Date of Award

5-2001

Degree Type

Thesis

Degree Name

Master of Science in Education (MSEd)

Department

Education and Human Development

First Advisor

Dr. Arthur Smith

Abstract

Repeated reading and listening while reading are both effective strategies used to improve reading fluency. There is a great deal of research showing that both strategies when used appropriately will help children to read faster and with better accuracy. However, there is only limited research that takes a look at both strategies to see if one approach is more effective or has better results than the other.

The purpose of this study was to compare the effects of repeated reading and listening while reading on reading fluency. Fifteen third-grade students from an urban elementary school were selected to participate in this study. All of these students were performing well below grade level in reading. Each student participated in two testing cycles. Cycle 1 focused on repeated reading while Cycle 2 focused on listening while reading. Each cycle lasted five days. Both cycles began with a pre-test and ended with a post-test. Word recognition errors and speed were recorded to show any type of improvement from the pre-test to the post-test.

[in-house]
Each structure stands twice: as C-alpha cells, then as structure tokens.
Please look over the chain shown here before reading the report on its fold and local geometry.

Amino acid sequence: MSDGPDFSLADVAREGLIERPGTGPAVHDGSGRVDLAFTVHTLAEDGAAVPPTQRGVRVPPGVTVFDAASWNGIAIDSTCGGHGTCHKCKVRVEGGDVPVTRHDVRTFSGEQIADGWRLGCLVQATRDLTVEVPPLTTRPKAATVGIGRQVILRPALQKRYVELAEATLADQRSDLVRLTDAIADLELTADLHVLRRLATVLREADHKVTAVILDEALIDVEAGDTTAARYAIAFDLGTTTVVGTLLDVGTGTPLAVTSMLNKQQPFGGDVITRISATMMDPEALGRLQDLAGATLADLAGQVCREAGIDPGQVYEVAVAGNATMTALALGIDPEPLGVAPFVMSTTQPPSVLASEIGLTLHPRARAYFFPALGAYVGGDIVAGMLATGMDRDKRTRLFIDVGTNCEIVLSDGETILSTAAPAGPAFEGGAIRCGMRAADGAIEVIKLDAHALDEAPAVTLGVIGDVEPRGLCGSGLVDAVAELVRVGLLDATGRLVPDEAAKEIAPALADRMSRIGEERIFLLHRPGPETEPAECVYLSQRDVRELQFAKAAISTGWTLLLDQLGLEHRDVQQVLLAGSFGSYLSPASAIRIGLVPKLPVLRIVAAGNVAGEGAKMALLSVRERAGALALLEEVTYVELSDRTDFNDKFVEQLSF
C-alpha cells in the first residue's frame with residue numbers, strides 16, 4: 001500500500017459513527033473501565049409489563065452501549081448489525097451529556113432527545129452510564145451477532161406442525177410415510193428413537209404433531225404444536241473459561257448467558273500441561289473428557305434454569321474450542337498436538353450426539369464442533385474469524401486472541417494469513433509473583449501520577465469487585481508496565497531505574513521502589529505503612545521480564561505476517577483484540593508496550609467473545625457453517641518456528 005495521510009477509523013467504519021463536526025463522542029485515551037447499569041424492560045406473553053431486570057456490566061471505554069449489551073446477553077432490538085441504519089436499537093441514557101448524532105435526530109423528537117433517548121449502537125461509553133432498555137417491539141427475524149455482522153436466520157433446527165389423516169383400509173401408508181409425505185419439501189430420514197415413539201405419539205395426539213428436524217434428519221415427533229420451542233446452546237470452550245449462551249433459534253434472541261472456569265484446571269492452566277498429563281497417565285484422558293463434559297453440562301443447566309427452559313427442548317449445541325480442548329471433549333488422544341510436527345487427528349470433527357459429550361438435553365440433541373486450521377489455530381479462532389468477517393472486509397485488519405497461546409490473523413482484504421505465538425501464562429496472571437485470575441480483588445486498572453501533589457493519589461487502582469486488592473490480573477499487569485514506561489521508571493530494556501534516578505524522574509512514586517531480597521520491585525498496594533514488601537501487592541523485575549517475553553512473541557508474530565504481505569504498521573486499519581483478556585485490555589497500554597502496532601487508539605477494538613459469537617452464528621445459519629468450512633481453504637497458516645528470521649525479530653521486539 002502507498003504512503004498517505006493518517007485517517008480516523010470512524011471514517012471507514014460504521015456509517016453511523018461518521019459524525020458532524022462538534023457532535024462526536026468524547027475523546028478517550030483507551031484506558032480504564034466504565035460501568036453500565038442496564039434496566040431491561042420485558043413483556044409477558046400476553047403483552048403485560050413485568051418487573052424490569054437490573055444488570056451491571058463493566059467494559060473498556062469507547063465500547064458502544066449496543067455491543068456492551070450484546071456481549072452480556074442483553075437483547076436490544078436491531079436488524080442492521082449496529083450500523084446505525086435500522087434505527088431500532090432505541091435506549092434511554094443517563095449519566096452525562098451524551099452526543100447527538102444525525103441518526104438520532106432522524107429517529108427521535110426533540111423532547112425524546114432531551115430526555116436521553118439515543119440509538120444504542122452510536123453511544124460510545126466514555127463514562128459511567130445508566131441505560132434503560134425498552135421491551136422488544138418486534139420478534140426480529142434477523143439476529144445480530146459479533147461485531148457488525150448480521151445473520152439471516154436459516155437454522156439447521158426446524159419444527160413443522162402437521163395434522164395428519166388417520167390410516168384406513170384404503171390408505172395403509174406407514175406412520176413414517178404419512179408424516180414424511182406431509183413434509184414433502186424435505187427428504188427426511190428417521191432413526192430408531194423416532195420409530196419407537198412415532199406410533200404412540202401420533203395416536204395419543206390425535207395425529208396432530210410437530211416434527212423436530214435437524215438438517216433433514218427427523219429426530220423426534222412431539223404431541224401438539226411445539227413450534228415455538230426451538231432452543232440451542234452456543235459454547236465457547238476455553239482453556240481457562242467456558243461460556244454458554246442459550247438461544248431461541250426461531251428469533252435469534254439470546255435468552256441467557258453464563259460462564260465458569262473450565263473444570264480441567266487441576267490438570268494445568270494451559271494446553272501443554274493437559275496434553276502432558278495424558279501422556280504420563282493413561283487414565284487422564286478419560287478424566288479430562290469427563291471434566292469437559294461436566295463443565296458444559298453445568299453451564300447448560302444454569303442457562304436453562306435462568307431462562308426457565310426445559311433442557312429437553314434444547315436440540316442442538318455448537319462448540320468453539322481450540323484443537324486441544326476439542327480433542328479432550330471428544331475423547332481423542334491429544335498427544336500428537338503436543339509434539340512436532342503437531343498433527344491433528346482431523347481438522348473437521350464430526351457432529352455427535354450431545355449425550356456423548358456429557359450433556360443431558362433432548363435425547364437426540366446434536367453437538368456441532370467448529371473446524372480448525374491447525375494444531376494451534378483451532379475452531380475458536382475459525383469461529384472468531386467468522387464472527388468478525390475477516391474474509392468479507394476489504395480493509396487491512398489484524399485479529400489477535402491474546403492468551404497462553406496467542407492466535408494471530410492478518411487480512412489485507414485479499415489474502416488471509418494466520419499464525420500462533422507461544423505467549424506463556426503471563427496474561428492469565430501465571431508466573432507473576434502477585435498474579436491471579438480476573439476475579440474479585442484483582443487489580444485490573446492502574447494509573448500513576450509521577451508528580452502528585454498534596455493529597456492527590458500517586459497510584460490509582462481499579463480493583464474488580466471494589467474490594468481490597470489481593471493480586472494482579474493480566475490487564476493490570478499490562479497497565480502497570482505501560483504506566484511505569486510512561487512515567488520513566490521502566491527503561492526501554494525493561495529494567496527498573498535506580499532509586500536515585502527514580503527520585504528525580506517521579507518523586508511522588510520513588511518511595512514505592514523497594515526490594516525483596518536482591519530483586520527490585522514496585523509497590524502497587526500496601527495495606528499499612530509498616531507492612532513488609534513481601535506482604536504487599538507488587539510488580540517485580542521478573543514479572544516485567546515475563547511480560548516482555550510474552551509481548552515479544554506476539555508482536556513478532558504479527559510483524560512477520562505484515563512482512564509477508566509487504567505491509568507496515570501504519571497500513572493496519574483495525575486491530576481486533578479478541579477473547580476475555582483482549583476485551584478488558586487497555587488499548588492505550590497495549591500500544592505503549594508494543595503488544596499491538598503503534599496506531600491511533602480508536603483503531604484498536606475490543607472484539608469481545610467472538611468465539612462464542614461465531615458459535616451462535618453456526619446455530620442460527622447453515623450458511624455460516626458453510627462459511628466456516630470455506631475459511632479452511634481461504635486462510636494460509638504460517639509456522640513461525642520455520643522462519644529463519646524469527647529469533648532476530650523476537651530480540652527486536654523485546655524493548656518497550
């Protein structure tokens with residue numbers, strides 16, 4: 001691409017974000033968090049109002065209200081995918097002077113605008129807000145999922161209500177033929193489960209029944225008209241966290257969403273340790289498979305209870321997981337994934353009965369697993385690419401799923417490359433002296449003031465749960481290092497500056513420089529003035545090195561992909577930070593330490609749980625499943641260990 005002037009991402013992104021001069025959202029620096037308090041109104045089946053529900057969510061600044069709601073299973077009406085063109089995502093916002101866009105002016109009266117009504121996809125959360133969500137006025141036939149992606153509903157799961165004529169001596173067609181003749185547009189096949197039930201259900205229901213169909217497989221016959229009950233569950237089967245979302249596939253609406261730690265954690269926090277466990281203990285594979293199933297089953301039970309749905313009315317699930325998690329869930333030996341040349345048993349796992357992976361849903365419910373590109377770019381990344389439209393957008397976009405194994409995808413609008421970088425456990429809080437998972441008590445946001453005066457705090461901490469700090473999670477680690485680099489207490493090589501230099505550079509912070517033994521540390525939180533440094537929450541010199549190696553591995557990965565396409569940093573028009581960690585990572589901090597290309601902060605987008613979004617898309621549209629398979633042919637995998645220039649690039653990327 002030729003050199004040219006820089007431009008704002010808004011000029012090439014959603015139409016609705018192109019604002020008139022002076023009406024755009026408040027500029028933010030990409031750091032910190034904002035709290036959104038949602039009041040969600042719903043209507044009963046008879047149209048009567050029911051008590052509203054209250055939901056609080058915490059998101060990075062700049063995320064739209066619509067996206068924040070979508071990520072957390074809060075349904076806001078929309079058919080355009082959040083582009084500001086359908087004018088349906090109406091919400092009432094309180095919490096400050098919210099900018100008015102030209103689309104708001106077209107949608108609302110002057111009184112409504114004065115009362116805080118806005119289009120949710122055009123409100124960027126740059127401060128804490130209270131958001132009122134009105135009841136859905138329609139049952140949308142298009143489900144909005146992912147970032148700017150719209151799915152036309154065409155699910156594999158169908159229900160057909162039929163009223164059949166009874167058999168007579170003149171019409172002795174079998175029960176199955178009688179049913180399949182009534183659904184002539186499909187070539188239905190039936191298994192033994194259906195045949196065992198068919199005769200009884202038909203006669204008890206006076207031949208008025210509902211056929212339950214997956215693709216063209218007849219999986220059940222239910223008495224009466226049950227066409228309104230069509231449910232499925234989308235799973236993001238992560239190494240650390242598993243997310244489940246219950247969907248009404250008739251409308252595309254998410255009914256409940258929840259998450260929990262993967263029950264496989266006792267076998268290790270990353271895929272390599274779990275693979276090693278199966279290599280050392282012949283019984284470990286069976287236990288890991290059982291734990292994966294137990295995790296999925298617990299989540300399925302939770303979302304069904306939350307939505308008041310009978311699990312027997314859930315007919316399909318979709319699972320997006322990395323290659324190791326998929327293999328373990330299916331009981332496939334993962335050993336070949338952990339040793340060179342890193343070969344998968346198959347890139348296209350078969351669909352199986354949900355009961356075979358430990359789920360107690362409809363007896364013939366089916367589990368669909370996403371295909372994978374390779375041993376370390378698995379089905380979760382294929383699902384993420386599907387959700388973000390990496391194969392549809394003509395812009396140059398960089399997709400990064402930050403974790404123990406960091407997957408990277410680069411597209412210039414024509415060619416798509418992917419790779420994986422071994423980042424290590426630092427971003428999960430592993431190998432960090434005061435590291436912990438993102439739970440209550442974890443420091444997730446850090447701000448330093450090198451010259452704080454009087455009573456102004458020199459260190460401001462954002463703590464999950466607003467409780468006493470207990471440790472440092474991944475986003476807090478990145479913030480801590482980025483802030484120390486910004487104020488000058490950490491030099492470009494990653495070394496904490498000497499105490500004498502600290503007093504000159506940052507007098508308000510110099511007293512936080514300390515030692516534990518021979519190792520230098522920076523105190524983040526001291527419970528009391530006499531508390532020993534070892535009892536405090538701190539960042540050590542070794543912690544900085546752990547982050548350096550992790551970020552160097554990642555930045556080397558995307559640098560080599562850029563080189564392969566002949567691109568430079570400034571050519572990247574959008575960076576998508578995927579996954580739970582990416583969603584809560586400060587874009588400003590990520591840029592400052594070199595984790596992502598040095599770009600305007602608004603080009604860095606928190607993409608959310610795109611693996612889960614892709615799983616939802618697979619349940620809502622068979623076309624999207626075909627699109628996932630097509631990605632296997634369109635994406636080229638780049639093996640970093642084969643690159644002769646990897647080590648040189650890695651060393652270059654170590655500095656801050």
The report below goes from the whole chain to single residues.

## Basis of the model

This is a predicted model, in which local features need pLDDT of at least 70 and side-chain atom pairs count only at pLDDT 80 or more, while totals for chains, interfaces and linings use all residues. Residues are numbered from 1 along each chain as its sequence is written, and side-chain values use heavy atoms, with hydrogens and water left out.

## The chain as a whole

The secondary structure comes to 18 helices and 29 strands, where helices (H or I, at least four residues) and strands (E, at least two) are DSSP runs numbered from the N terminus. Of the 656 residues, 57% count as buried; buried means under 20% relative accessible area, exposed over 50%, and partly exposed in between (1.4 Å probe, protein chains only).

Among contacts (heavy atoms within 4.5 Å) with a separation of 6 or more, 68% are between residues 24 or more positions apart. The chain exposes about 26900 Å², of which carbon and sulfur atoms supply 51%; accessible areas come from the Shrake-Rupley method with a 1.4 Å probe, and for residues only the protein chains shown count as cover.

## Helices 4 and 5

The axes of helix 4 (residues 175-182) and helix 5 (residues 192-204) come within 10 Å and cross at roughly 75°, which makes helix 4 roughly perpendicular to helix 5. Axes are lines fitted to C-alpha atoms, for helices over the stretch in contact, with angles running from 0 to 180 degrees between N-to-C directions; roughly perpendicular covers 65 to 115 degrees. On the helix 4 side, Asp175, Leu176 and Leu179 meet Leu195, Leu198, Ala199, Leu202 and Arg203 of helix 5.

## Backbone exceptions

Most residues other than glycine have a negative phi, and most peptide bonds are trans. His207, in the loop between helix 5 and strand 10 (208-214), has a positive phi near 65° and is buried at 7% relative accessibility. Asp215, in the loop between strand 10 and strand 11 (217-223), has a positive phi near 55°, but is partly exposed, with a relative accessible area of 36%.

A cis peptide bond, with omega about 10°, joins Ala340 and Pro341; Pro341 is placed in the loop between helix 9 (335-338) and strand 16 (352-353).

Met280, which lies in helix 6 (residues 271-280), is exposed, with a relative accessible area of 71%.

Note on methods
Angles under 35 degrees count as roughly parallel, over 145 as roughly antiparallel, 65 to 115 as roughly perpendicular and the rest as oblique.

The results of the study showed that repeated reading and listening while reading are both effective strategies to use when trying to improve reading fluency. Both strategies showed that students had a significant gain in their mean scores at the end of each post-test. Neither strategy proved to be better than the other. It was recognized that both strategies had features that would compliment the other when used together.

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